• Arctic hybrid security challenges – presented by Gunhild Hoogensen Gjørv, Professor of Security Studies and Geopolitics. She is also the leader of "The Grey Zone" research group and a contributor to the Norwegian Centre for Geopolitics.
  • The Future Arctic Ocean, a national interdisciplinary initiative to promote knowledge about climate, environment, policy, business, and resource development in and for the ocean around the North Pole – presented by Vidar Sørum, Head of Department for Arctic and Marine Biology.
  • Autonomous ships in Arctic waters – presented by Lokukaluge Prasad Perera, Professor in Maritime Technology.
  • Satellite observations for climate modeling and seasonal forecasting of Arctic sea ice –  presented by Jack Christopher Landy, Associate Professor in Earth Observation.
Gunhild Hoogensen Gjørv
Gunhild Hoogensen Gjørv, a Professor of Security Studies and Geopolitics at the Center for Peace Studies, UiT, informs representatives from the DHS S&T about research on Arctic hybrid security challenges. (Photo: Kjetil Rydland/UiT)

Made contact

This was, as mentioned, not the first Tromsø visit for Kusnezov. 

He and a delegation traveled to the city in June 2023 to establish connections to Norwegian research institutions and government agencies leading Arctic scientific research, according to the DHS S&T.

Dmitri Kusnezov (left) and his team from S&T visited i.a. the headquarters of KSAT in Tromsø last summer. (Photo: DHS)
Dmitri Kusnezov (left) and his team from S&T visited i.a. the headquarters of KSAT in Tromsø last summer. (Photo: DHS)

UiT was one of these, along with the Norwegian Polar Institute, FRAM High North Research Centre for Climate and the Environment, the Norwegian University of Science and Technology (NTNU), Kongsberg Satellite Services (KSAT), and the Arctic Council Secretariat.

From the Norwegian ministeries, representatives of the Ministry of Justice and Public Security, the Ministry of Education and Research, and the Ministry of Defense participated.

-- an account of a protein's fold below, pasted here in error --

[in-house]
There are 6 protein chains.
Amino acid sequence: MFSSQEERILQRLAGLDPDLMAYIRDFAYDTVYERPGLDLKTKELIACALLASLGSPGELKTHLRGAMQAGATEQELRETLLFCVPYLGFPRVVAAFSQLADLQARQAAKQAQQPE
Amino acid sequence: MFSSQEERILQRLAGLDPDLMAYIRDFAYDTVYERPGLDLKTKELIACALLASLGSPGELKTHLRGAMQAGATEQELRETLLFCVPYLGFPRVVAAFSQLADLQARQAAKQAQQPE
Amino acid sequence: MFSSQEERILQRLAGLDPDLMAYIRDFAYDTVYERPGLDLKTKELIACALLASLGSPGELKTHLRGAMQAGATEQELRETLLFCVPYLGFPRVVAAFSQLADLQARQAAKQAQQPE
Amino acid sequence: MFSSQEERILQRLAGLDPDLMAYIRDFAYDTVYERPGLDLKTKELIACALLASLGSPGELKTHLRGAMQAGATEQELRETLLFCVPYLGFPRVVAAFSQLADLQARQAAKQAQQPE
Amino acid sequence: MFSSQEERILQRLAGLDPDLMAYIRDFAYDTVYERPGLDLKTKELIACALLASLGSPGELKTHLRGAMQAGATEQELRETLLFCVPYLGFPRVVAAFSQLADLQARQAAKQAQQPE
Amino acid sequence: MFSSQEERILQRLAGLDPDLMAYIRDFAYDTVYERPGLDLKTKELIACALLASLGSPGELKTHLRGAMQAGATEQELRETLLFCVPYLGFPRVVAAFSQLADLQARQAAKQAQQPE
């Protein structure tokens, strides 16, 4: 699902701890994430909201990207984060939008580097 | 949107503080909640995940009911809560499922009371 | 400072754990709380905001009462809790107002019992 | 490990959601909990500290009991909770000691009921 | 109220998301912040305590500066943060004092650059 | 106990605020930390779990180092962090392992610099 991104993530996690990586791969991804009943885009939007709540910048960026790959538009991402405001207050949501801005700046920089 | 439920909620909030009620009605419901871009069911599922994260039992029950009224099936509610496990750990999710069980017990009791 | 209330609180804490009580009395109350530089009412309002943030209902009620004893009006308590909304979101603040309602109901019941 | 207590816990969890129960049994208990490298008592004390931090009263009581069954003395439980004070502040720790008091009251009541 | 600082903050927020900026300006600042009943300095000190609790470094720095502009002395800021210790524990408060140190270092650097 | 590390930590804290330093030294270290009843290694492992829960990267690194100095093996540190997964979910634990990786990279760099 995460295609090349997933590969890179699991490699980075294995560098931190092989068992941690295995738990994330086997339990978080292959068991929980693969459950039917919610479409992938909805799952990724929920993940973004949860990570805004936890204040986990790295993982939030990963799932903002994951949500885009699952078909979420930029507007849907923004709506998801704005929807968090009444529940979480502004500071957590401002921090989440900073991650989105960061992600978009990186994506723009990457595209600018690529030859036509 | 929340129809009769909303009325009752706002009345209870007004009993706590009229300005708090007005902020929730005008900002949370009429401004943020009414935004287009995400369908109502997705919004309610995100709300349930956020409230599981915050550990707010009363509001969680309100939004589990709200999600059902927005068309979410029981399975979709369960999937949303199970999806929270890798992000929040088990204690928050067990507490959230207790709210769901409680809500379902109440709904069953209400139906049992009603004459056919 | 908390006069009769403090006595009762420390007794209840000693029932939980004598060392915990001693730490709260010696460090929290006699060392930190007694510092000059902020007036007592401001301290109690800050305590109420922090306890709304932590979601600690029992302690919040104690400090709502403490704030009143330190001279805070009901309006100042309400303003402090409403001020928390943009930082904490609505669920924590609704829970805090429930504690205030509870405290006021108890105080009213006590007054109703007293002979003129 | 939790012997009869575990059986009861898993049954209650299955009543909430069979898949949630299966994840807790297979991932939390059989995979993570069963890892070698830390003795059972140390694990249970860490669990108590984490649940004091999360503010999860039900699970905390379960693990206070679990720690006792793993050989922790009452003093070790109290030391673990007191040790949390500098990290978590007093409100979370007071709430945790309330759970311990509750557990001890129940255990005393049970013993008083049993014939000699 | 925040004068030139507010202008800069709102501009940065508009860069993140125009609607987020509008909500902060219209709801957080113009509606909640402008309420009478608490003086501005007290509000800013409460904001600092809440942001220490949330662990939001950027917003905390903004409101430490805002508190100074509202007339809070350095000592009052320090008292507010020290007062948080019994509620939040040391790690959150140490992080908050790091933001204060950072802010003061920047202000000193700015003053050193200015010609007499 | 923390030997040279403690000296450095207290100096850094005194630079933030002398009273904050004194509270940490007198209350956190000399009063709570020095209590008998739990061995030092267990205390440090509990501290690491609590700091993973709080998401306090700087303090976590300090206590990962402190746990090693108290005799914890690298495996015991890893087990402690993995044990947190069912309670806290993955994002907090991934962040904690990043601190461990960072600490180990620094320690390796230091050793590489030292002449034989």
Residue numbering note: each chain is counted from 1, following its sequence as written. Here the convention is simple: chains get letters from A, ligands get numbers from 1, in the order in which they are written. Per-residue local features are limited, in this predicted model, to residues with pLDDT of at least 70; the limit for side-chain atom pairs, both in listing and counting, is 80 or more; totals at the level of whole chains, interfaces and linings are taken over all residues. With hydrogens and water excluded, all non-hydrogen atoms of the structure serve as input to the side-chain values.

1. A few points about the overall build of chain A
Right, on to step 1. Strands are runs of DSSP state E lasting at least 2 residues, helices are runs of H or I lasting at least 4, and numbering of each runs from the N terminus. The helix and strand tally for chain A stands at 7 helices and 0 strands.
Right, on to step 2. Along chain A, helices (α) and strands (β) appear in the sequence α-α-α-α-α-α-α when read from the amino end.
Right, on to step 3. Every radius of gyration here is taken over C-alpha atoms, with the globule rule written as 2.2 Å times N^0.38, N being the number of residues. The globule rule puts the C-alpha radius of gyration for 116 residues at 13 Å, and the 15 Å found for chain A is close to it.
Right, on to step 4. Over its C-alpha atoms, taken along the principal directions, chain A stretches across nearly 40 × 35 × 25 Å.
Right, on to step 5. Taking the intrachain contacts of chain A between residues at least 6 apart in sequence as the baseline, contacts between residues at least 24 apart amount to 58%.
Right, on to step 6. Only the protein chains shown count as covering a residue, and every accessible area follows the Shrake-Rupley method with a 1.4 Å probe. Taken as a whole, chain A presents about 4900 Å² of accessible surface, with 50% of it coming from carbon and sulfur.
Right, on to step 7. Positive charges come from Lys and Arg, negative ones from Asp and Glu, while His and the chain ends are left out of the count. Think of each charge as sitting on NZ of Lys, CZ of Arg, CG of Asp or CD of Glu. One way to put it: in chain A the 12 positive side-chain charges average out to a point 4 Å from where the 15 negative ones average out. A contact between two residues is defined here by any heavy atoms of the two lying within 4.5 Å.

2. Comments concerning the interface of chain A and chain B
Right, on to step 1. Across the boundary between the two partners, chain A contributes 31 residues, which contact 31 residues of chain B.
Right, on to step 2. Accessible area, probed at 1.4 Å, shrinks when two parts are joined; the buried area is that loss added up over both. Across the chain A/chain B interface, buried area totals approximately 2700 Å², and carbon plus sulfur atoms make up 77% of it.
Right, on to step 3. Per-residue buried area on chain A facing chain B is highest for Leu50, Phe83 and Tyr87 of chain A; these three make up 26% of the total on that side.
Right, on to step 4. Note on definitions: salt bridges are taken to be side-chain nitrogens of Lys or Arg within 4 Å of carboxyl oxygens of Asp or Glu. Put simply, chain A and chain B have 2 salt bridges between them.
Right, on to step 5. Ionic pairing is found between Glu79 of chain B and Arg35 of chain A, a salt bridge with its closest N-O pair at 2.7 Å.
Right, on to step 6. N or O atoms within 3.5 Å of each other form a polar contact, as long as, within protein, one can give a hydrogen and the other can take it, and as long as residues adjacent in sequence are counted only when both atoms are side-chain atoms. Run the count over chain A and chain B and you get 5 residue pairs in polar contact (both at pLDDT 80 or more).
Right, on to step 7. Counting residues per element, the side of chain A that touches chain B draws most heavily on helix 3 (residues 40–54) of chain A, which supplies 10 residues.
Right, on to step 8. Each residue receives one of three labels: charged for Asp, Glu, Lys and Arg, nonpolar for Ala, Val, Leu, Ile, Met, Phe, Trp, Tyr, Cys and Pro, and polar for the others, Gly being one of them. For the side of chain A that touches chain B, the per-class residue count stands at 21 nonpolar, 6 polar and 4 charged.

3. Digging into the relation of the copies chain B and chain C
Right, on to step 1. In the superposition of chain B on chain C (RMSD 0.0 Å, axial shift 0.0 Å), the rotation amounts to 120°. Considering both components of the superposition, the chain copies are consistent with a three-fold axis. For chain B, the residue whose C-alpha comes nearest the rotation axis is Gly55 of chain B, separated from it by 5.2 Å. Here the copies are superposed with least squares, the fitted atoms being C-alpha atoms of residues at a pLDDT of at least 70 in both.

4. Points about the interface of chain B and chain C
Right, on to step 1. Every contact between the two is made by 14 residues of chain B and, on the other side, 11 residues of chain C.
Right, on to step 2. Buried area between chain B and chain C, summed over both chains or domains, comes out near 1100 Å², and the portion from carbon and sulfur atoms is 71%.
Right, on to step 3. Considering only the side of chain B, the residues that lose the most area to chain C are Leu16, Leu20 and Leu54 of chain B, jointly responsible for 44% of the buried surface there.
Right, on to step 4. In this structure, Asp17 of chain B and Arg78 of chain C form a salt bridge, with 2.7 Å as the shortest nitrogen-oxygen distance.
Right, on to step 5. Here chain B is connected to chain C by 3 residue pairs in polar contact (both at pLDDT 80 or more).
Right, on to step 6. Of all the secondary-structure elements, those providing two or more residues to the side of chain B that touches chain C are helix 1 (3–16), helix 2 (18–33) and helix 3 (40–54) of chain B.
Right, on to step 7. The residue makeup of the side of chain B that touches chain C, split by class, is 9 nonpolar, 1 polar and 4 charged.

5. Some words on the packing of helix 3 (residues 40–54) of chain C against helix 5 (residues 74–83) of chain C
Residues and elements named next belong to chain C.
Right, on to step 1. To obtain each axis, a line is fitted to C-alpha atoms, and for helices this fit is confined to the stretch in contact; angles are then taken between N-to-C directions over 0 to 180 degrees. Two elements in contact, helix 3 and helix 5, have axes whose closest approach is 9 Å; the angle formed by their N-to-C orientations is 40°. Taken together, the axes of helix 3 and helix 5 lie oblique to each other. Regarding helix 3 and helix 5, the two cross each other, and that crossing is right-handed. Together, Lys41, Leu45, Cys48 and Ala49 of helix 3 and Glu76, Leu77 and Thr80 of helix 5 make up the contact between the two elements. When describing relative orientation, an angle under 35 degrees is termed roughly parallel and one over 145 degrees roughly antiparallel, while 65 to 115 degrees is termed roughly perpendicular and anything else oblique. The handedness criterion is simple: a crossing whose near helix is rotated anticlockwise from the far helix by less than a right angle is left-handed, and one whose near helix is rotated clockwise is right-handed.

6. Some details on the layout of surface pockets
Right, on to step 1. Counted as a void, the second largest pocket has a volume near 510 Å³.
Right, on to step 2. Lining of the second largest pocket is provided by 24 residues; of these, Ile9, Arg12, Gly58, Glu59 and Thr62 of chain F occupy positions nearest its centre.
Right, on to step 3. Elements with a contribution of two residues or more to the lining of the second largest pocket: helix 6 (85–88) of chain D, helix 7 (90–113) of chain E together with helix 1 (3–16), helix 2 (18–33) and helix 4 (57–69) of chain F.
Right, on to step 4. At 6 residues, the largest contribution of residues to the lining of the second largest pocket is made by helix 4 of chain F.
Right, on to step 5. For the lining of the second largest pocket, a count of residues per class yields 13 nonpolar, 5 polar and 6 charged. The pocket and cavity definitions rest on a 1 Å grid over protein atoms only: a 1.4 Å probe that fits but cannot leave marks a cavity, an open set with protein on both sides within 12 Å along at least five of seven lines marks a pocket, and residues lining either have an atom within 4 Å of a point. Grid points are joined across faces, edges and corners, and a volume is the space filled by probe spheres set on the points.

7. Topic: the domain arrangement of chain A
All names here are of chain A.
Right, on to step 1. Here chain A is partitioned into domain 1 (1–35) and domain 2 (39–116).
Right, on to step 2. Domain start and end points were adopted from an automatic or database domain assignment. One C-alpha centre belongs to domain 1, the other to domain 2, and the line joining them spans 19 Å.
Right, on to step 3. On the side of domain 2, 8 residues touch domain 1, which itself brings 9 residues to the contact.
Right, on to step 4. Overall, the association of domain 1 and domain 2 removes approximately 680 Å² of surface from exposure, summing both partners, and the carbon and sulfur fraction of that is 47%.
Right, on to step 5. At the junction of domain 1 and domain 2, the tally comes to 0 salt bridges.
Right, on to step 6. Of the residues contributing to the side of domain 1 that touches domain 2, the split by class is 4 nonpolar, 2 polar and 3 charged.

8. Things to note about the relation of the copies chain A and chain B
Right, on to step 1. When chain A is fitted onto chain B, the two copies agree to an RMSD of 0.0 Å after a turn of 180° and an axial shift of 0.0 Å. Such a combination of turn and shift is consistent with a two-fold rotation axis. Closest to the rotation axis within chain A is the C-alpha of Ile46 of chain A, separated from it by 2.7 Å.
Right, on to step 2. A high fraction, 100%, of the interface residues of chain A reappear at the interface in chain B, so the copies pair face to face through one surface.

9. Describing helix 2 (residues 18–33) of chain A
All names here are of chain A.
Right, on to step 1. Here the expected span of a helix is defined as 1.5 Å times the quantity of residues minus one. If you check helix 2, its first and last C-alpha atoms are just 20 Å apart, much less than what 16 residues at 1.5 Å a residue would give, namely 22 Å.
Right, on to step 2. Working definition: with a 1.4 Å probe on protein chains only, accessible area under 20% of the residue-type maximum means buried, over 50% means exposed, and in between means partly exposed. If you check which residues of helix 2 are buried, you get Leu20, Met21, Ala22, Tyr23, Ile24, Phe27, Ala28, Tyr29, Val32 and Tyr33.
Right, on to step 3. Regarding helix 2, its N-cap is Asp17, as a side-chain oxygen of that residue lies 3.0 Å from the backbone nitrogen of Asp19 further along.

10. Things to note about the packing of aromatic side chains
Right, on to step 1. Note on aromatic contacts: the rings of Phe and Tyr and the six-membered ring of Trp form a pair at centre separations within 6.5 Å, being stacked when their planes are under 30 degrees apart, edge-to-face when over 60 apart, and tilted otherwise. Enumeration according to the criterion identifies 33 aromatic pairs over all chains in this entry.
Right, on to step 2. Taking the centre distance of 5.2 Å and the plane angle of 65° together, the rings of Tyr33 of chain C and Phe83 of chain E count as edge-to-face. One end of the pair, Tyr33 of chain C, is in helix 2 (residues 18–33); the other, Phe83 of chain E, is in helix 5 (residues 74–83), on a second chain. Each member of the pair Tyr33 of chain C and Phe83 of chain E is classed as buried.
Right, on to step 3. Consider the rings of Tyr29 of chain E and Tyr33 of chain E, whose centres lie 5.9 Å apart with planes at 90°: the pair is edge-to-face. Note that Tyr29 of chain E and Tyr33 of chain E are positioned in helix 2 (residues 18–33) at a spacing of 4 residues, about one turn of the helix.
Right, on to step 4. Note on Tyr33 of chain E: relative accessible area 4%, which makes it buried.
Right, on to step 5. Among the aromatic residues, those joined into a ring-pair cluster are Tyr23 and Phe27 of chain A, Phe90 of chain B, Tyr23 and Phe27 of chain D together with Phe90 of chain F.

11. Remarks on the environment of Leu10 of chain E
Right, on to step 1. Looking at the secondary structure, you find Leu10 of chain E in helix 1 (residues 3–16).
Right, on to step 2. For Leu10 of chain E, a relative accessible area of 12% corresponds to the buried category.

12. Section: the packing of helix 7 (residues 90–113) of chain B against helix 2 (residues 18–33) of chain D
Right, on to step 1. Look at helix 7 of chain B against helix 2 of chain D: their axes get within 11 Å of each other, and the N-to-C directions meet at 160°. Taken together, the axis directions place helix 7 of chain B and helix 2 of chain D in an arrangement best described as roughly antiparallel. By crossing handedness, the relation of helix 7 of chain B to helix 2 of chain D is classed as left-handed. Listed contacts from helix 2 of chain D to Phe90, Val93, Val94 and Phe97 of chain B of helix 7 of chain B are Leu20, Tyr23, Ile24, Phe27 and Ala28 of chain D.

The event was closed to the press, informs DHS S&T.

USCGC Healy i Tromsø
The USCGC Healy is one of two active polar icebreakers in the US Coast Guard, which operates under the US Department of Homeland Security. Here, it is docked at Breivika port in Tromsø, Northern Norway, last autumn after a month-long research expedition in the Siberian Arctic. (Photo: Astri Edvardsen)  

Coast Guard visit and diplomatic office

In October 2023, a US Coast Guard vessel, the icebreaker USCGC Healy, called in Tromsø after an international research voyage in the Eastern Arctic Ocean. The US DHS is the agency governing the Coast Guard.

Aboard the icebreaker, a scientific roundtable was held for researchers and icebreakers from the US, Norway, and Canada. The topics were best practices in search and rescue, environmental protection, vessel security, and Arctic navigation.

From the Norwegian side, researchers from UiT, the Arctic University of Norway, the Norwegian Polar Institute, the Norwegian Defense Research Establishment, as well as the Commander of the Norwegian Coast Guard vessel KV Svalbard, participated in the meeting.

Later that same month, the US Embassy in Norway re-opened an American Presence Post in Tromsø, citing climate change and geopolitics as reasons

Åpning av USAs ambassadepost i Tromsø.
Nearly 30 years after the US Embassy in Oslo, Norway, closed its diplomatic office in Tromsø, such a presence was revitalized on 27 October last year. Here, Elizabeth M. Allen, US Deputy Secretary of State, speaks during the opening ceremony with the following representatives on stage (from the left): Tromsø Mayor Gunnar Wilhelmsen (Labor); Eivind Vad Petersson (Labor), State Secretary in the Norwegian MFA – and Marc Nathanson, the then US ambassador to Norway. (Photo: the Norwegian Ministry of Foreign Affairs)